Culture is an important factor that influences the participation of men in contraception. Most culture sees women like the one responsible for their reproductive health. The reproductive health of women is a concern of the community thus, the burden should be carried by all members of the community. This African culture sees men as the head of the family who should be in charge of other things except for the chores and caring for the children. The culture of leaving the women to the children reduces men’s participation in reproductive health issues. Some cultures value a large family with many children. This kind of cultural belief will prevent the use of contraceptives.

Lack of Information For Men

Lack of information is a major factor that affects men’s involvement in contraception. Most men do not get correct and adequate information about contraception from health care providers or from other sources of information. Some of them have reported that the absence of male health care providers in the family planning clinics reduces their willingness to seek knowledge about contraception. Some married men also know very little about contraception because they have little or no communication with their spouses about contraception.

The most popular modern methods of contraception that are available for men are condoms and vasectomy which is a permanent method. The traditional methods that require men’s cooperation include the withdrawal and abstinence methods. There are few methods of contraception for men compared to the methods available for women. The Imbalance in the methods available suggests that contraception should be more of the woman’s business.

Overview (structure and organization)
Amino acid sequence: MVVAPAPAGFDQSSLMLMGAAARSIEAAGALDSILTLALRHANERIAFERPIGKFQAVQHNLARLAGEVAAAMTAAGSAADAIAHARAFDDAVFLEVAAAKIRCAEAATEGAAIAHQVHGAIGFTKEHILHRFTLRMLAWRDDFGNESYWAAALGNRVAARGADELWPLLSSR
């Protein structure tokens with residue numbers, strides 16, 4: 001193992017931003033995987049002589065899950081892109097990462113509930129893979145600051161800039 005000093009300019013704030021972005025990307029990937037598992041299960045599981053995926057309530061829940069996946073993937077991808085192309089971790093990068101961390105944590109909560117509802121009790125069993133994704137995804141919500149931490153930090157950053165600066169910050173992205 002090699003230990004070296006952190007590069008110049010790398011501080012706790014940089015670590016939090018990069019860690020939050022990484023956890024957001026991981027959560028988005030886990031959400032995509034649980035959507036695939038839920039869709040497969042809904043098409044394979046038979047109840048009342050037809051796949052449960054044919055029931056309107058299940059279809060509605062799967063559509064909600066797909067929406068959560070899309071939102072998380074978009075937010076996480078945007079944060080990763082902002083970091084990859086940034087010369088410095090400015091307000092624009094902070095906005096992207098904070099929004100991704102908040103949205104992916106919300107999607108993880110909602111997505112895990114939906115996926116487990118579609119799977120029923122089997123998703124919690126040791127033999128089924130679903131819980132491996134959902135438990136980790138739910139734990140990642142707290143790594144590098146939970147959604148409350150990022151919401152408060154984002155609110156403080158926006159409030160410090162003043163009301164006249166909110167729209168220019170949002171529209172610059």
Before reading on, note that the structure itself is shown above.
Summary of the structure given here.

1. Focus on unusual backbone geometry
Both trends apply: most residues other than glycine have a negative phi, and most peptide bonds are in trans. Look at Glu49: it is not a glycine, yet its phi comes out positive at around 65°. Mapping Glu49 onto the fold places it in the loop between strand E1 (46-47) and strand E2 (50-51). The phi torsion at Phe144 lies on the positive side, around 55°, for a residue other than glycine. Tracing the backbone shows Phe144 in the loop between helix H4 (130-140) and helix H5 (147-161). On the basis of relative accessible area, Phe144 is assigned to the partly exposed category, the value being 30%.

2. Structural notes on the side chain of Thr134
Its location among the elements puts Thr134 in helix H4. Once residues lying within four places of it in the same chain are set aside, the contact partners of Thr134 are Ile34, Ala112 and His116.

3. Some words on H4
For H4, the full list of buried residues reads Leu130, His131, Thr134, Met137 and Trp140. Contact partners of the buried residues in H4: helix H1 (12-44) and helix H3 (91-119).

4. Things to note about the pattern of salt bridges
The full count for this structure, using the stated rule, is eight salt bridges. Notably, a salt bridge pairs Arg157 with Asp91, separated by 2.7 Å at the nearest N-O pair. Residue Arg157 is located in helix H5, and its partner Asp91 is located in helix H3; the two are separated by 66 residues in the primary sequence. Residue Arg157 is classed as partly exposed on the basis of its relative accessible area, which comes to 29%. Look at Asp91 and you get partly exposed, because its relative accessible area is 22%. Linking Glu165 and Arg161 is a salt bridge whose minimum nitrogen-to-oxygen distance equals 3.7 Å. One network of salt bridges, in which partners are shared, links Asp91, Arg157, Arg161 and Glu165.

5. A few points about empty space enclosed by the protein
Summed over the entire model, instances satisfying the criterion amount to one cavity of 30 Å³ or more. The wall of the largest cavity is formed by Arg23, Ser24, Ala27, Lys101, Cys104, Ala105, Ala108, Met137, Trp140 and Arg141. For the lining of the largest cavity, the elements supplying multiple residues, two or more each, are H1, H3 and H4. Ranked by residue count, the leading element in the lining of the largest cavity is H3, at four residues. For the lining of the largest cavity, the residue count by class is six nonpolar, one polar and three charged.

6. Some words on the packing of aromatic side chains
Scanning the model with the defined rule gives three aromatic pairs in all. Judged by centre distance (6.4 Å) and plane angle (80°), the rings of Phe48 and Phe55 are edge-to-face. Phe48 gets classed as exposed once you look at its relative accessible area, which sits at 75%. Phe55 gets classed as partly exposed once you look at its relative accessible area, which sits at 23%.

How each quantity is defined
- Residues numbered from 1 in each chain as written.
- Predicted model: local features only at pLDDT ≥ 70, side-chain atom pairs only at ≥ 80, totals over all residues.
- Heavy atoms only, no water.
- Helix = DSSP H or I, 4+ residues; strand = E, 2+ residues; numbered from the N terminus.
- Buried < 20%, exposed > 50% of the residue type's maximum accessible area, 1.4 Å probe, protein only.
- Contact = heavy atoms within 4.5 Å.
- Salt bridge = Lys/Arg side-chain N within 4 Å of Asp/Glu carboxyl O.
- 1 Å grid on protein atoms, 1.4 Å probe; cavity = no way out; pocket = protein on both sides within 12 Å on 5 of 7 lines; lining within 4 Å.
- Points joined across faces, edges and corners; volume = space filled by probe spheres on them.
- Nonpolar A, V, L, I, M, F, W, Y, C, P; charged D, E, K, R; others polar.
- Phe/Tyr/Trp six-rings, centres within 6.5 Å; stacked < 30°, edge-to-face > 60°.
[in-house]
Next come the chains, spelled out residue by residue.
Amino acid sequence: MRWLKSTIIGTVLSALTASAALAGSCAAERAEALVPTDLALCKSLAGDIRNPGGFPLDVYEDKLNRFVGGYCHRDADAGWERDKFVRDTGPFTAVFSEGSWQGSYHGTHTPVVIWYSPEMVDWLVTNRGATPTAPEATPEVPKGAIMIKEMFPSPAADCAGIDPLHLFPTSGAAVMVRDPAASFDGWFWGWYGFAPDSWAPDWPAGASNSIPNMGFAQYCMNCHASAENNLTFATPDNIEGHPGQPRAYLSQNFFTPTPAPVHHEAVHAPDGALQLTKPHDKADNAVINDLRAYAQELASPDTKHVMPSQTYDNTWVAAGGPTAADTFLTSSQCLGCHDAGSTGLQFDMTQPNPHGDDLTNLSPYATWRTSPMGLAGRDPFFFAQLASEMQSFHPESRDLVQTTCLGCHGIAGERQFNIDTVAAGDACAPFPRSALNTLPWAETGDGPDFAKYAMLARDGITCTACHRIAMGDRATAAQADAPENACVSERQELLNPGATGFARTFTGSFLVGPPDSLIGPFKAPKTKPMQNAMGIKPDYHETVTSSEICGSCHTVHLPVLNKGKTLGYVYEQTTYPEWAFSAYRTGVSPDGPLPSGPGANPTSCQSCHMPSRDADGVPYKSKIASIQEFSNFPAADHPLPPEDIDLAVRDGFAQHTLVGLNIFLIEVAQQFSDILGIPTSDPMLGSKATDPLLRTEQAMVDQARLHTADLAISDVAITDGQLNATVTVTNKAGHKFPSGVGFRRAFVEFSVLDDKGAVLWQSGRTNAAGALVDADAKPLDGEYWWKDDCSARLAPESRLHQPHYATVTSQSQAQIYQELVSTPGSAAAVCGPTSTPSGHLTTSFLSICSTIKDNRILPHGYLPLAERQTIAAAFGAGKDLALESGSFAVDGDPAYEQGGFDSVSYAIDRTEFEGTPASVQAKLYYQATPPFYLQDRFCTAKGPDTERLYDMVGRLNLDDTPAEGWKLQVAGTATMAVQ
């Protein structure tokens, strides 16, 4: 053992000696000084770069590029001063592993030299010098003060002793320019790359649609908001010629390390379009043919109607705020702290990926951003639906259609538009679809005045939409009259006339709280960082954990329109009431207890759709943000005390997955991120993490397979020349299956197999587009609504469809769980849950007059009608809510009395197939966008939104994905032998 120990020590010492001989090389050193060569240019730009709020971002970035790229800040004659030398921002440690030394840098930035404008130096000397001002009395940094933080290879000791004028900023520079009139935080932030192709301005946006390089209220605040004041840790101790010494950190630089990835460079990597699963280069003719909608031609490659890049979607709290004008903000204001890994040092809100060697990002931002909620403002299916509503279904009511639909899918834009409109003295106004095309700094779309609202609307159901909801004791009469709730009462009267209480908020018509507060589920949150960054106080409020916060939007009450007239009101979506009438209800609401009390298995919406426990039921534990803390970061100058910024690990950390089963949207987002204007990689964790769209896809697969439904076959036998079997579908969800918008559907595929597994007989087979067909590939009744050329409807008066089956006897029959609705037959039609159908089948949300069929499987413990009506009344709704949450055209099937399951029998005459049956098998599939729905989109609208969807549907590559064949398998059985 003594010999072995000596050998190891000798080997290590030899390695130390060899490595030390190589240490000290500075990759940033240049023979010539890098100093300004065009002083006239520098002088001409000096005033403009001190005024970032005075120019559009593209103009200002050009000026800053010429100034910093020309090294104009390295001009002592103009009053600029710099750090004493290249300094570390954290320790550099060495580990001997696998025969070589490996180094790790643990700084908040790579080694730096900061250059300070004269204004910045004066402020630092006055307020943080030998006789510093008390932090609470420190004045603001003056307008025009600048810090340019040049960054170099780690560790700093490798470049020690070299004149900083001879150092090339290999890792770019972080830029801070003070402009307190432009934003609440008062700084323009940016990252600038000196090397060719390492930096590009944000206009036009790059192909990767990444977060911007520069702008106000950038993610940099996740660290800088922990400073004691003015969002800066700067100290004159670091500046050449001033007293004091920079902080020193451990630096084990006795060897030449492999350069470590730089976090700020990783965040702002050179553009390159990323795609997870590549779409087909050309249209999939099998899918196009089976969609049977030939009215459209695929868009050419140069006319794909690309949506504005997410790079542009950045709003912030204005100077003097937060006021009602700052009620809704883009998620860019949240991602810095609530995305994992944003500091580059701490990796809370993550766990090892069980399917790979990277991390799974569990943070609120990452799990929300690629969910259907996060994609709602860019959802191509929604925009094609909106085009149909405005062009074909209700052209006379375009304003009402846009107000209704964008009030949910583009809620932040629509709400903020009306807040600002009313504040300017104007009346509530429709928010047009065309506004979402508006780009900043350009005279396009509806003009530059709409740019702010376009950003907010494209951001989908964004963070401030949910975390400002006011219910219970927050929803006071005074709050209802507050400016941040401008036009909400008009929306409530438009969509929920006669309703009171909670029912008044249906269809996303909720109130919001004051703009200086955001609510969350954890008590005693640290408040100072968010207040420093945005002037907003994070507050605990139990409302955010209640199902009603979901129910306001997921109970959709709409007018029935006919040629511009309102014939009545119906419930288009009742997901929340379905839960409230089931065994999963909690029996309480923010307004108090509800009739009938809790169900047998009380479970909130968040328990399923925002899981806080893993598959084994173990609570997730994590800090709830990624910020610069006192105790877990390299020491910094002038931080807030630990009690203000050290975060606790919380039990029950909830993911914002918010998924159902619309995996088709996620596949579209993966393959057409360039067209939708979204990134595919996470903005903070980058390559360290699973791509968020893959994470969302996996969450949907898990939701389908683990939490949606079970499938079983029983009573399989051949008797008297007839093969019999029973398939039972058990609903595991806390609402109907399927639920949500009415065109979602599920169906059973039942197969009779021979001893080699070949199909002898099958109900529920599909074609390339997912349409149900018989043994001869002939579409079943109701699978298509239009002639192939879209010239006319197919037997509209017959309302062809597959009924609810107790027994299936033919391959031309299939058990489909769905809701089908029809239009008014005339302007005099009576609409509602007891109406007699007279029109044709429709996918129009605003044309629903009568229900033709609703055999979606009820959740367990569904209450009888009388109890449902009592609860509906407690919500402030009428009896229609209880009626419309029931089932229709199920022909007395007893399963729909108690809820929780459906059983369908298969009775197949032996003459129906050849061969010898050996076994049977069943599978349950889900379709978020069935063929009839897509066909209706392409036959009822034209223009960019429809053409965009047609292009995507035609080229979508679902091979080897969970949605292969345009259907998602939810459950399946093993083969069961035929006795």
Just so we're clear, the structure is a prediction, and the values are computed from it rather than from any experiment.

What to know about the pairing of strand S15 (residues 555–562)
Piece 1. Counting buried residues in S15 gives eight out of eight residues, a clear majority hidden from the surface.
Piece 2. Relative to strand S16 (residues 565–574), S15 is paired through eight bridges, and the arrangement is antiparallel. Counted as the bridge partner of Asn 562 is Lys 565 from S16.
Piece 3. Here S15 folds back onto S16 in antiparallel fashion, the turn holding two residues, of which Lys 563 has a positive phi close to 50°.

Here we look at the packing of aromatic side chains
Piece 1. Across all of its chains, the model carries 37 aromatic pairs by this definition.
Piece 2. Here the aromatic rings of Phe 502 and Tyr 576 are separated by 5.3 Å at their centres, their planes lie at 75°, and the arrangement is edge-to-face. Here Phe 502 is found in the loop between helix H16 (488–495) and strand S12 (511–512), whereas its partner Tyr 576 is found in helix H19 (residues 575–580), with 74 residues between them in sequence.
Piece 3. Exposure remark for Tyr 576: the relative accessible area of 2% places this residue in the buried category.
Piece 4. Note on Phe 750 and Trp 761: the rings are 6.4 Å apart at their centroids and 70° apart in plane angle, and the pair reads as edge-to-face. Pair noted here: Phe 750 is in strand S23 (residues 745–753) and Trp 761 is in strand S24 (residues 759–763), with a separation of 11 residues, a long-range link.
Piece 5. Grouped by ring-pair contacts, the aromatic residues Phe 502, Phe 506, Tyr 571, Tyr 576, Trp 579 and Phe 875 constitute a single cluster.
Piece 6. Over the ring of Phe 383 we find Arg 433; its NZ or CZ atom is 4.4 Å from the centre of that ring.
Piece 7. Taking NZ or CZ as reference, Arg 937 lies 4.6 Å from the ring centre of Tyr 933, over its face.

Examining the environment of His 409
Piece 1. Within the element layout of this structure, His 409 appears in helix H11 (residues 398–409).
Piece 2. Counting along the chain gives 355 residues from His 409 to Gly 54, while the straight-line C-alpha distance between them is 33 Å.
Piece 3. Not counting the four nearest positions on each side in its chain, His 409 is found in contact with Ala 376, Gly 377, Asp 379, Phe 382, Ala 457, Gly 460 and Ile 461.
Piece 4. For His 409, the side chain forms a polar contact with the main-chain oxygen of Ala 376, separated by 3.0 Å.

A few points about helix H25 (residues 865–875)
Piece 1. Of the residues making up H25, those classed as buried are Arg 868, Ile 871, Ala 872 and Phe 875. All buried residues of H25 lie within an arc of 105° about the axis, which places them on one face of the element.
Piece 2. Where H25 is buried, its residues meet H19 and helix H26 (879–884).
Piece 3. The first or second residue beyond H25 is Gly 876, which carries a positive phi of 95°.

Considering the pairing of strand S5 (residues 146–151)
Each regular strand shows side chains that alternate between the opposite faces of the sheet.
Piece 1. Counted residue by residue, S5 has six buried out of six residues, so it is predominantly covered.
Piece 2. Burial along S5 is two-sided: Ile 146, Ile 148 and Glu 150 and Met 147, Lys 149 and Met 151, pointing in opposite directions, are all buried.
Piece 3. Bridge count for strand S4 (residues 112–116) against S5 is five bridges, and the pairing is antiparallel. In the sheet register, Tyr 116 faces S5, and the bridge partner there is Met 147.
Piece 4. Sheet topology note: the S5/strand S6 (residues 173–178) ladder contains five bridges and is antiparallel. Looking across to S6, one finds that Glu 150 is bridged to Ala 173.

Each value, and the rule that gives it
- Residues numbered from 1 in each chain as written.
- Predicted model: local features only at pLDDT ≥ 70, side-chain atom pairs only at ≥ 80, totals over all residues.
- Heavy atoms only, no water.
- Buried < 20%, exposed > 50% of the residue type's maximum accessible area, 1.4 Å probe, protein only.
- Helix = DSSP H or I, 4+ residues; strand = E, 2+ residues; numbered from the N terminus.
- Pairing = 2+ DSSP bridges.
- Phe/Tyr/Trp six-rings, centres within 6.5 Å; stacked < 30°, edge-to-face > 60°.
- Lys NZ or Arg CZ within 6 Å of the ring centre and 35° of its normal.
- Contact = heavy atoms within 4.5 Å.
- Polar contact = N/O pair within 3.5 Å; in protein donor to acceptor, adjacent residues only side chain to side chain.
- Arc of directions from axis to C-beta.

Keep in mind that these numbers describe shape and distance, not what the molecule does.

The factors that limit men’s involvement in contraception are perceived side effects of female contraceptive methods that could disrupt sexual activities. Limited choices of available male contraceptives, including fears and concerns relating to vasectomy. Perceptions that reproductive health was a woman’s domain due to gender norms and traditional family planning communication geared towards women. Concerns that women’s use of contraceptives will lead to extramarital sexual relations.

Benefits Of Men’s Participation In Contraception

Contraception contributes to a decline in fertility and is recognized as an effective way to reduce maternal mortality. Despite positive global trends, progress toward universal access to reproductive health, especially in developing countries, is slow and falls short of global targets. The sustainable development goals (SDSs) propose a bold plan to achieve universal access to reproductive health.

Also, to meet the proposed benchmark for demand for family planning satisfied with modern contraceptive methods of 75% by 2030. Efforts to increase access and use of contraceptive methods, such as Family planning, a global movement that aims to enable 120 million more women and girls to use contraceptives by 2020- are critical to achieving the SDGs. However, meeting this goal will be difficult without the active participation of men.

Men’s Role In Family Planning